Funding for female founders

Networking and powerful presentations are needed to overcome unconscious gender bias and unlock venture funding, say entrepreneurs

The question of why, in the start-up capital of Europe, female entrepreneurs have so much difficulty getting access to funding to start and scale their businesses is the subject of Government reports and ongoing debate. The Government-commissioned Alison Rose Review of Female Entrepreneurship (March 2019) found that while UK companies attracted more venture capital than those in any other European nation, just 1% went to all-female founding teams.

It is a complex problem that affects the whole of the UK economy, not just those women seeking to grow their enterprises. Rose points out that up to £250 billion of new value could be added to the UK economy if women started and scaled new businesses at the same rate as men. So why does the disparity exist and how can female entrepreneurs go about levelling the playing field and attracting the investment they need?

According to businesswomen who have successfully scaled and sold companies, women often face (mostly) unconscious sexism from largely male investment teams. Only 13% of senior people on UK funding teams are women, according to Rose. Sue Nelson, who founded niche SME tax firm Breakthrough Funding five years ago and sold it to EY in March, says these investors often fail to recognise the value of opportunities being presented by female founders.

Focus on finance

She explains that while men are often very confident in a pitch and paint an extravagant picture of the opportunity, women are sometimes less comfortable in a pitch environment and that can make their presentations less compelling. Female entrepreneurs , therefore, not only need to have all the figures at their fingertips and know exactly what they want from the investor, but they may also need to work hard to develop a more confident presenting style. This could mean seeking out the support of a business advisor or mentor.

There are many ways to get over your nerves before a pitch – Sue gets “pumped up” by listening to The Prodigy loudly in the car on the way there – but practicing your presentation ahead of the meeting is critical. “And when you get there you have to take up all the visual cues of what that person or that panel is looking for,” she explains. “Are they very formal? Are they quite informal? Are they chatty? Are they in listening mode? And then you need to go with it. Don’t be rigid about presenting. You know it all, you’ve practiced it and practiced it and when you get there it’s time to relax and do whatever it is that you think they want at that time.”

She adds that it’s essential for women to focus on the finance and not to  overly emphasise the other important topics such as social purpose and community benefit. “Investors primarily want to make money,” she says.. If they are investing £100,000, they want to know when they are going to get their £100,000 back and when they are going to get more than the £100,000, they put in. They want to know whether they will double their money in five years or in two years, and they want a compelling story that convinces them that will happen.”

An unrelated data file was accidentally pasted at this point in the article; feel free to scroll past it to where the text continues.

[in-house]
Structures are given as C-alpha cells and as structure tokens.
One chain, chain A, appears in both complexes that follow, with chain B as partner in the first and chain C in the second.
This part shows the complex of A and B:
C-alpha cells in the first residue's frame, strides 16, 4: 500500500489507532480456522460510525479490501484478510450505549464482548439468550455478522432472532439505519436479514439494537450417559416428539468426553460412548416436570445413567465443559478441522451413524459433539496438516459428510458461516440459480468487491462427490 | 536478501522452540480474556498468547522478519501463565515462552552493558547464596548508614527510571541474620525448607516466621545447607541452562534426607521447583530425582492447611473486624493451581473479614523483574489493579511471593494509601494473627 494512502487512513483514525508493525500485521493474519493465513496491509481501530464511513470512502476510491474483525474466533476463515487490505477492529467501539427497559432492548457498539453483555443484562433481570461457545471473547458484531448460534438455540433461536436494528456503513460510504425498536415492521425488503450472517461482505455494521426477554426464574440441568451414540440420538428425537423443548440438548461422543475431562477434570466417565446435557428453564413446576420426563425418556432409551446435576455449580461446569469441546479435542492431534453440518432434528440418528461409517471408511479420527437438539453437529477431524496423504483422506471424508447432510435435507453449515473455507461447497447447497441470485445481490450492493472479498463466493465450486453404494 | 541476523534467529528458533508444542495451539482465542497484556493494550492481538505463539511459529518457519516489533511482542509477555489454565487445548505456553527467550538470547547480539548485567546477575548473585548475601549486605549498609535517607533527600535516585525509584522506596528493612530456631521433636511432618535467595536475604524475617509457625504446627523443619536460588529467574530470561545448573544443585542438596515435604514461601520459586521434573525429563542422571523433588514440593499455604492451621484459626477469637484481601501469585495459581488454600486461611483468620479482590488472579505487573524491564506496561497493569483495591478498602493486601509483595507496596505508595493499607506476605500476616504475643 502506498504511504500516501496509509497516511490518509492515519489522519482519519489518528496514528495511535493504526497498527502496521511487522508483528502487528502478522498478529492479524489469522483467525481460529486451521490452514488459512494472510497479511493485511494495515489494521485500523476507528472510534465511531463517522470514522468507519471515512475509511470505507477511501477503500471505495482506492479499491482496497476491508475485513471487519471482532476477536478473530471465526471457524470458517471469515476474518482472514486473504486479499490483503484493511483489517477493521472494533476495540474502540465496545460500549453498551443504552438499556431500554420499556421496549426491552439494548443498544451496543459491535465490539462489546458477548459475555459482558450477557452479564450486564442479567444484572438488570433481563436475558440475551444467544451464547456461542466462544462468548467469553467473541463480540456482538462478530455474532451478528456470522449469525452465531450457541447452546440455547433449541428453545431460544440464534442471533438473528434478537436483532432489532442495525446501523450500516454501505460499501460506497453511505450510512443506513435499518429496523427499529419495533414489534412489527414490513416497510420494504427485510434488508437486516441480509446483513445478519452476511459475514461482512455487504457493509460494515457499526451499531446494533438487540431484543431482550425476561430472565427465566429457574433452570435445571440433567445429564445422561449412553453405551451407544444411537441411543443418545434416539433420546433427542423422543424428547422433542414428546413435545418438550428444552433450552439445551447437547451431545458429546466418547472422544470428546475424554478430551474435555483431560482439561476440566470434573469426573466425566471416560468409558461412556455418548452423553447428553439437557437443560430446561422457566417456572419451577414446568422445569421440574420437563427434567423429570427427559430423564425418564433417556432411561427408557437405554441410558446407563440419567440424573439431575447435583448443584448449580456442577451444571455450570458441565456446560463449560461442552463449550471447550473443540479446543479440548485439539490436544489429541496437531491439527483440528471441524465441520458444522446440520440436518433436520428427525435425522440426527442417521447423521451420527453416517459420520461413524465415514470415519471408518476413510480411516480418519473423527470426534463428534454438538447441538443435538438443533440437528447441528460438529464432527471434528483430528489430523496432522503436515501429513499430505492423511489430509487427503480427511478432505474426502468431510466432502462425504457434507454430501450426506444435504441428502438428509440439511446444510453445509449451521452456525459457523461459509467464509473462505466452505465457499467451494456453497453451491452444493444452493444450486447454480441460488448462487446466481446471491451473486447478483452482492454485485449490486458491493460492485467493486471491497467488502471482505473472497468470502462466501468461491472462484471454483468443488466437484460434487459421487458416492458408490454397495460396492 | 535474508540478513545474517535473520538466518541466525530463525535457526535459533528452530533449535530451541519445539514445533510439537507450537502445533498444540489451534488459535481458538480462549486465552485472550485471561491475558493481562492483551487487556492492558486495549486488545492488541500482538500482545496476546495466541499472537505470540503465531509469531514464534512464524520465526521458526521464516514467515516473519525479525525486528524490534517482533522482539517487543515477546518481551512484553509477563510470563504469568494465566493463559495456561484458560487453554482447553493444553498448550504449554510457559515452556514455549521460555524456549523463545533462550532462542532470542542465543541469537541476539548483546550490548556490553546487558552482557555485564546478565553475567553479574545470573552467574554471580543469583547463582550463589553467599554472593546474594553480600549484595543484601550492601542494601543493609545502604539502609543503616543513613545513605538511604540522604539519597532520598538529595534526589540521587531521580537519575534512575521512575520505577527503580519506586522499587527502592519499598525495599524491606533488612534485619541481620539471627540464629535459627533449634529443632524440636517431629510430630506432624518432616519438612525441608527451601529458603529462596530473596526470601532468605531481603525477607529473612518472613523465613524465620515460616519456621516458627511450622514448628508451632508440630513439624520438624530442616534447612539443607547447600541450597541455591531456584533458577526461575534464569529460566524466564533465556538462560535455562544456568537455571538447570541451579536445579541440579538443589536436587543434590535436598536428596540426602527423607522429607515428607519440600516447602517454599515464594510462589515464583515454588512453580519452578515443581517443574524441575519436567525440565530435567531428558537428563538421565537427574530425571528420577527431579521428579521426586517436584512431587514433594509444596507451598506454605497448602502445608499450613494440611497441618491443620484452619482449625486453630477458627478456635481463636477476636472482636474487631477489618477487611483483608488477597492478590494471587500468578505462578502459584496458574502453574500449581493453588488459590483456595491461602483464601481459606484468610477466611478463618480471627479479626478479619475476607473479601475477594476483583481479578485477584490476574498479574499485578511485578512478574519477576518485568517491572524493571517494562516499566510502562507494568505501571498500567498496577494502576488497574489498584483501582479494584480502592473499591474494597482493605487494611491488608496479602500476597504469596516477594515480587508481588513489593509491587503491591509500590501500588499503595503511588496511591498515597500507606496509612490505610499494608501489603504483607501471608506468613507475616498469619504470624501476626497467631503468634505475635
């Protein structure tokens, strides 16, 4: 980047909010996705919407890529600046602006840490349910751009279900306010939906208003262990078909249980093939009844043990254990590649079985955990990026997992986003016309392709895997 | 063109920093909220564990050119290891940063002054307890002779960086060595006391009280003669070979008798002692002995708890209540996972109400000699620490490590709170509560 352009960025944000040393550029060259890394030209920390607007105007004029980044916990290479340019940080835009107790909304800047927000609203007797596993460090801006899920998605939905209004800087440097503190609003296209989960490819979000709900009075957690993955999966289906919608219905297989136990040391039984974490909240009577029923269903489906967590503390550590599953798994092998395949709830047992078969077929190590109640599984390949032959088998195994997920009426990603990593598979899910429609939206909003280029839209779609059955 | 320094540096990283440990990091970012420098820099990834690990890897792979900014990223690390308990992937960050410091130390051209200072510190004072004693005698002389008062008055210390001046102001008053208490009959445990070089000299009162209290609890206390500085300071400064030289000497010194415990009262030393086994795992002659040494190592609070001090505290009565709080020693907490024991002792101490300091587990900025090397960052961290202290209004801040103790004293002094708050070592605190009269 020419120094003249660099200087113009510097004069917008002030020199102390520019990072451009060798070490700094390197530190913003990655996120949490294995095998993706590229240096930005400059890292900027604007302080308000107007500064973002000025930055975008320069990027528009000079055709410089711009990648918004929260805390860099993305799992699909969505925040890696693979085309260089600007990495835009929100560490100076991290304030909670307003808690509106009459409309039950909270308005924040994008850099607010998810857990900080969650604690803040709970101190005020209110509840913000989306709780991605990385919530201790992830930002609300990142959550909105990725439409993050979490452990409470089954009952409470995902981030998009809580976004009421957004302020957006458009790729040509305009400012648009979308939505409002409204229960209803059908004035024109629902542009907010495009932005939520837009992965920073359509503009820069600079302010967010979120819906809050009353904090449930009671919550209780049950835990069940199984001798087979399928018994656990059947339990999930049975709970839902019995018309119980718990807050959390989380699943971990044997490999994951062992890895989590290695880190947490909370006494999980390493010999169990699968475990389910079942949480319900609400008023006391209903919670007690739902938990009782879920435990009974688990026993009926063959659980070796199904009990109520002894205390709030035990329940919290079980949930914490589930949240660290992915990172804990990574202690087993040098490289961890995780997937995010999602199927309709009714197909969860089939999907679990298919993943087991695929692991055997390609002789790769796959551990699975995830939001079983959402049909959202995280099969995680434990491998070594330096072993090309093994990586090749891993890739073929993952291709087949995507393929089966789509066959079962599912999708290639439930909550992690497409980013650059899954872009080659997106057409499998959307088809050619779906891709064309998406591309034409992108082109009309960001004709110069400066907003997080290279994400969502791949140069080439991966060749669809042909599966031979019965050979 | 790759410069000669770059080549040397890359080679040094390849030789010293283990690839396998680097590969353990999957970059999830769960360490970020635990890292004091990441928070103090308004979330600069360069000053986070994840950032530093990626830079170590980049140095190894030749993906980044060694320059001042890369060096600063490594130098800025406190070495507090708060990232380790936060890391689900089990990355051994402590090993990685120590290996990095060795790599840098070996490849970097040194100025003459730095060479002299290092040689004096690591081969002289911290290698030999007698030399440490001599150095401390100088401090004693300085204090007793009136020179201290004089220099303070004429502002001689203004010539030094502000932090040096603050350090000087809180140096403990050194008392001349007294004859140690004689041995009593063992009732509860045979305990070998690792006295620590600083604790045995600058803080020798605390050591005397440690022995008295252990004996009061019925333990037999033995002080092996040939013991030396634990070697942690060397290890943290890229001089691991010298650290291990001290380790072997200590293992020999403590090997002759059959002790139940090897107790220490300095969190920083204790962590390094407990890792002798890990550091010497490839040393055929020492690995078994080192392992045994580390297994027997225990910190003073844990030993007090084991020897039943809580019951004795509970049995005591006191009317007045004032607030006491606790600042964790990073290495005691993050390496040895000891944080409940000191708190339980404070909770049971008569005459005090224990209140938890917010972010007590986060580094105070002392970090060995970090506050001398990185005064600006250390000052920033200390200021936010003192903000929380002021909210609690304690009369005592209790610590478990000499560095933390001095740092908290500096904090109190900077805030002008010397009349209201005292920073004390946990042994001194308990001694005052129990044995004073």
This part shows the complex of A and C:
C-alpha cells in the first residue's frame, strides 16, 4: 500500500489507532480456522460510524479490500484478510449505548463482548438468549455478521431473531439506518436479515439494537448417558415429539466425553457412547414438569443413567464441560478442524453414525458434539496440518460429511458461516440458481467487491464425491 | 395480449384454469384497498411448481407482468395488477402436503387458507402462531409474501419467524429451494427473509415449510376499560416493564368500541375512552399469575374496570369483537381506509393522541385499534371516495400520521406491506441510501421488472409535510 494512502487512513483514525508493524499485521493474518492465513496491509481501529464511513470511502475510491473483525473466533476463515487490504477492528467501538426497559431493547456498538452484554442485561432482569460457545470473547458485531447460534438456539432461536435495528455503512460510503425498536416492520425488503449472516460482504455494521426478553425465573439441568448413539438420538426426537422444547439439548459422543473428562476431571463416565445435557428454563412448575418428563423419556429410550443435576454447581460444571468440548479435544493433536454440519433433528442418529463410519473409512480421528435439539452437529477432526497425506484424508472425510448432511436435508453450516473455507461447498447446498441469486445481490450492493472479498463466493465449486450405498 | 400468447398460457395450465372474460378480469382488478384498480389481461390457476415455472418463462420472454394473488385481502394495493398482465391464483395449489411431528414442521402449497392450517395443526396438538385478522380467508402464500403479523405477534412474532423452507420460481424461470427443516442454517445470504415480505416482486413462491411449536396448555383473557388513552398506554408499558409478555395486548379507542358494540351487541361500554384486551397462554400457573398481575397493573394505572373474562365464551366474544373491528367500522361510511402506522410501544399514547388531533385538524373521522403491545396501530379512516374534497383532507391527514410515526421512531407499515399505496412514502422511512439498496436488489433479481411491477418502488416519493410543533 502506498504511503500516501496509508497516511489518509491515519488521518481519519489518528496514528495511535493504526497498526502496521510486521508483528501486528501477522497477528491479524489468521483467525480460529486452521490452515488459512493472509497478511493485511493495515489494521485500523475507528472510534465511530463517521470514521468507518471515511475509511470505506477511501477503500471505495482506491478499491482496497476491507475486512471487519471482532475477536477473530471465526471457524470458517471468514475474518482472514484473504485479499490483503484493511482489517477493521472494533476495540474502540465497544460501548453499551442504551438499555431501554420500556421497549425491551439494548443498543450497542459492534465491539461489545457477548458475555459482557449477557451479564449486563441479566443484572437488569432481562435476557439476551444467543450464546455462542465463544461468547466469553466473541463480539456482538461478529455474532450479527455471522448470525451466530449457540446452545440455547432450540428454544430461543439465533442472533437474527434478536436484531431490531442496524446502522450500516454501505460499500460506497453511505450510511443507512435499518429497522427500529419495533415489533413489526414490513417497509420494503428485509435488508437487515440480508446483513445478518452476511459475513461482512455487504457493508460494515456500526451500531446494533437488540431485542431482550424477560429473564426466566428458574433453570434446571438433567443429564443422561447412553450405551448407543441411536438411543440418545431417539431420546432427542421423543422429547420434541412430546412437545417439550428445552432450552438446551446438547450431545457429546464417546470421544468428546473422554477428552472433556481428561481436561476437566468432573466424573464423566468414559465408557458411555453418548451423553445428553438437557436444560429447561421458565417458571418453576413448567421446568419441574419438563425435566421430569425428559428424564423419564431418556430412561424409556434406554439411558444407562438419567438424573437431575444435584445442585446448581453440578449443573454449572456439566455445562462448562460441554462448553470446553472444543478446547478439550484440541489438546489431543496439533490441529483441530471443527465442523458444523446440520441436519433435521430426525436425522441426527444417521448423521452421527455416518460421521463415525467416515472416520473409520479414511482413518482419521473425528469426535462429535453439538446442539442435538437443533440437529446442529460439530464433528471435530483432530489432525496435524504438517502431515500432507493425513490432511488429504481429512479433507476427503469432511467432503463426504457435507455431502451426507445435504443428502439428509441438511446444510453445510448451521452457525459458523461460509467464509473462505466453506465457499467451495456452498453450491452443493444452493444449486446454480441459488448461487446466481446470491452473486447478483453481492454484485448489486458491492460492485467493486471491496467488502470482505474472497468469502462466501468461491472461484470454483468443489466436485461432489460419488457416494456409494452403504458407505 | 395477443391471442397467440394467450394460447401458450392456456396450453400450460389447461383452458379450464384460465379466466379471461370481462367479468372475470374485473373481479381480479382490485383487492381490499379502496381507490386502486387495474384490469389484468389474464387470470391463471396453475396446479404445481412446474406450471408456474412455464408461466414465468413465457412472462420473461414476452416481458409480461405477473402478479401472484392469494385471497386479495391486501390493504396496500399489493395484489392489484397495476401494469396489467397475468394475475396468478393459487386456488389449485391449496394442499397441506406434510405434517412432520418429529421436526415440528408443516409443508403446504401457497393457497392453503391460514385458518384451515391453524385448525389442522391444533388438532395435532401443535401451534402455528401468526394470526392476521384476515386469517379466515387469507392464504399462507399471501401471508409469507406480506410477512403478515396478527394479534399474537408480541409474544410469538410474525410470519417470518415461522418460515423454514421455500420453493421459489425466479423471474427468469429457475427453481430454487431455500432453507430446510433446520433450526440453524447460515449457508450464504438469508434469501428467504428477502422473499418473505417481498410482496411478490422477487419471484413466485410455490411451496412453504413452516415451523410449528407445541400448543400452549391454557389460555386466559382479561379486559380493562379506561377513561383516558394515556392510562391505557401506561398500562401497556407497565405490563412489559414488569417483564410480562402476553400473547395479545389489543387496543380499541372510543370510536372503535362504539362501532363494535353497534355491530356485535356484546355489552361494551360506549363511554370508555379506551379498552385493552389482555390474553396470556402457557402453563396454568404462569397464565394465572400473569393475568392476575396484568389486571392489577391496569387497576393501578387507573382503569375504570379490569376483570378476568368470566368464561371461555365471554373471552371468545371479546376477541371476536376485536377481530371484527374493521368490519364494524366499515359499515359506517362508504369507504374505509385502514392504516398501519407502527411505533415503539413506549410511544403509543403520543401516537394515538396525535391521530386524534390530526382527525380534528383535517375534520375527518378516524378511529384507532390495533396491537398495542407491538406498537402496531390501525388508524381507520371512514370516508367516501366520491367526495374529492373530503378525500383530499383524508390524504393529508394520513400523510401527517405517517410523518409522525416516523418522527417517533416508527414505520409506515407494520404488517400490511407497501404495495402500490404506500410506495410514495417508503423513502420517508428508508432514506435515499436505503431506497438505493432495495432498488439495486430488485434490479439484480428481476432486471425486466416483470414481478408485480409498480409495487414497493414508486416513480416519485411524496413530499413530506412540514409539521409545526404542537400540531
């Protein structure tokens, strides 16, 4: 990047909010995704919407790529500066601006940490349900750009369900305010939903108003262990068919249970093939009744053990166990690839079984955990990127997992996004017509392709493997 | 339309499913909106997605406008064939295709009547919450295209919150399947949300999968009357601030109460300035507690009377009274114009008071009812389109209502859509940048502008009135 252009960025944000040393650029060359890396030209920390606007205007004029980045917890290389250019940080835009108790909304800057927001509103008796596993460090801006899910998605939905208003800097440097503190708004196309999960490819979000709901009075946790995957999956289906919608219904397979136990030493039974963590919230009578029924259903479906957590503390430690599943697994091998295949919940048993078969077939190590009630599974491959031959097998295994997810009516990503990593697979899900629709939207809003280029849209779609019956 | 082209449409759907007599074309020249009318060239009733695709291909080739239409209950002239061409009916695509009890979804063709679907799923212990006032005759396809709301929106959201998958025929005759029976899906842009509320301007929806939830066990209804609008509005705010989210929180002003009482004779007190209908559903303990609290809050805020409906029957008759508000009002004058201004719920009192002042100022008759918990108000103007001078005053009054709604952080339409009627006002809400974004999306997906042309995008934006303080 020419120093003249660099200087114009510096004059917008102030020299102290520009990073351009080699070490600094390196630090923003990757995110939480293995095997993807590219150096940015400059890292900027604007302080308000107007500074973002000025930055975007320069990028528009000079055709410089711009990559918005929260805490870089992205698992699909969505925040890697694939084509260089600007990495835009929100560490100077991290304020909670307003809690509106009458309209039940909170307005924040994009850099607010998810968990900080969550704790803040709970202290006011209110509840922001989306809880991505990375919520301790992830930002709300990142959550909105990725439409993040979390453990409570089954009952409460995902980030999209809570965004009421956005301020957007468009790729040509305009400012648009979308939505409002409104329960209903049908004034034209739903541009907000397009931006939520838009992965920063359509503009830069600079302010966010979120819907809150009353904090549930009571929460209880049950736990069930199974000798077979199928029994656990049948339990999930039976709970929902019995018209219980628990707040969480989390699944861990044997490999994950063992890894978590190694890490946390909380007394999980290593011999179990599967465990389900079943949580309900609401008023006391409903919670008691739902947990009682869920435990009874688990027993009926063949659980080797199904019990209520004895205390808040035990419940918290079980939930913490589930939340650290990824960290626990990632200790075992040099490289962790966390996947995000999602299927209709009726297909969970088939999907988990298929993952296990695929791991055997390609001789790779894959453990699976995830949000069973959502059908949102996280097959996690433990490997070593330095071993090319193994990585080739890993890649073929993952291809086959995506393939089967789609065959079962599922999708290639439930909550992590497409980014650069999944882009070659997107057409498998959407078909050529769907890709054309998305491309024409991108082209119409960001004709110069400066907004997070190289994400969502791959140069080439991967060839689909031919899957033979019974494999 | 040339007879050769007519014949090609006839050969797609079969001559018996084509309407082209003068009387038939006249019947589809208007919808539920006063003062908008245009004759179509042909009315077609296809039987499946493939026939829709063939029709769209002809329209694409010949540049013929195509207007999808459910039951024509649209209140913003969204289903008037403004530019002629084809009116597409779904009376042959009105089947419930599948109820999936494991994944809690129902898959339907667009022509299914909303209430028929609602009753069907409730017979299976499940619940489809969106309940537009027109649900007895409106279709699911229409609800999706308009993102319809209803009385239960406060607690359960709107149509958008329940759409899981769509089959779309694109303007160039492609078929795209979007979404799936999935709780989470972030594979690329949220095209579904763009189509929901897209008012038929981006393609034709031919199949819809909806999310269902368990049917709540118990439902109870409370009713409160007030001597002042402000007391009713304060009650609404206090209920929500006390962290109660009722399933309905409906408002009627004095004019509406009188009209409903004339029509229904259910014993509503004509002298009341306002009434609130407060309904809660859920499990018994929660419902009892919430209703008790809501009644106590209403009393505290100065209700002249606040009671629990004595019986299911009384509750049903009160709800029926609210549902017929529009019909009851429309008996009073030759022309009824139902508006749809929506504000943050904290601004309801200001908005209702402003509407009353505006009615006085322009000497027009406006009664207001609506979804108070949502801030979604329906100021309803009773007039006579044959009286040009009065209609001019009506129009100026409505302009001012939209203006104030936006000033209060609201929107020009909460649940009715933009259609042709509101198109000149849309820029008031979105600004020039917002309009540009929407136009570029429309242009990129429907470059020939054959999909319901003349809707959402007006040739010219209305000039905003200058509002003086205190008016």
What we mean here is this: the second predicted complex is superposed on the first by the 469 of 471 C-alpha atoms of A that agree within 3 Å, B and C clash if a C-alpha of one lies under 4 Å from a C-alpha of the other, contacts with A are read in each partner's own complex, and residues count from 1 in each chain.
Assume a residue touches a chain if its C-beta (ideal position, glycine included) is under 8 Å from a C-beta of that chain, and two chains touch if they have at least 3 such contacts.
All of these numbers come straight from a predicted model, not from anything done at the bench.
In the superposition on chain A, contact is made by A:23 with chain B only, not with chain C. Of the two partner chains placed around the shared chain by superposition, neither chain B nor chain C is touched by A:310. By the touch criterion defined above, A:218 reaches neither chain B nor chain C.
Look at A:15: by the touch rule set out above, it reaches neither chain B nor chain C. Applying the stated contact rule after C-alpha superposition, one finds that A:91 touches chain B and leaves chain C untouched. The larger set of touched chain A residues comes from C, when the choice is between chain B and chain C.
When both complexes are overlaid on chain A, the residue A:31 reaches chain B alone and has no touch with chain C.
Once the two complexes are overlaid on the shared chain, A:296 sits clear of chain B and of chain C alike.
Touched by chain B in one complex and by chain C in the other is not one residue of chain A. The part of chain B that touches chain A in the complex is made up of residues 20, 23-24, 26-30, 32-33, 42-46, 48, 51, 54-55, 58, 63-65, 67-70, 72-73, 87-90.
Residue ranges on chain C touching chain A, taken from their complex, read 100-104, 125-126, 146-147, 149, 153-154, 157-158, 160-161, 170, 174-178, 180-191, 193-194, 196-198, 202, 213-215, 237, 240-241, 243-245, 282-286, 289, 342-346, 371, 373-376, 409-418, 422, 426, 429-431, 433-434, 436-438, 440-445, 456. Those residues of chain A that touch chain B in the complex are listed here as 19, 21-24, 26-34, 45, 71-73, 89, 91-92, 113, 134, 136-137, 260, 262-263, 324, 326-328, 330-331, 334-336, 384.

Lacking confidence

Emmie Faust, an entrepreneur turned business growth consultant with our herd, won £200,000 in funding on the TV show Dragon’s Den at the age of 25 with a male business partner. Although that venture was unsuccessful, she has since sold two businesses for seven figure sums and has never had difficulty attracting funding.

She says: “What I say to my clients is that in order to secure funding, you need to start networking. I’m part of loads of female networks but it doesn’t have to be just female networks, you just need to start networking and you need to start getting out there. That’s one thing that I believe is massive. You’ve got to be incredibly proactive. It’s very hard to get funding, it doesn’t just land in your lap.”

As a mother-of-four Emmie says that another issue holding businesswomen back is that they often take on the lion’s share of responsibilities in the home and take time out to have children. She says that when she had each of her children, she returned to work lacking in confidence and it took time to build that up again.

Sue and Emmie now mentor female entrepreneurs and help them to win funding. Sue explains: “I think I have spent quite a lot of my career with men not listening to me and talking over me or across me. What I do now is help women get into business, make sure they are getting into it for the right reasons and that they know what they are doing. I think as a successful female founder it’s your job, as they say in America, to send that elevator down and try and help other women.”


Sue and Emmie were both speakers at a recent WealthiHer Network event, alongside St. James’s Place, in which they discussed the topic of presentations for funders and clients.

This article is written for the St James’ Place Entrepreneurs Club newsletter. The opinions expressed by third parties are their own are not necessarily shared by St. James’s Place Wealth Management.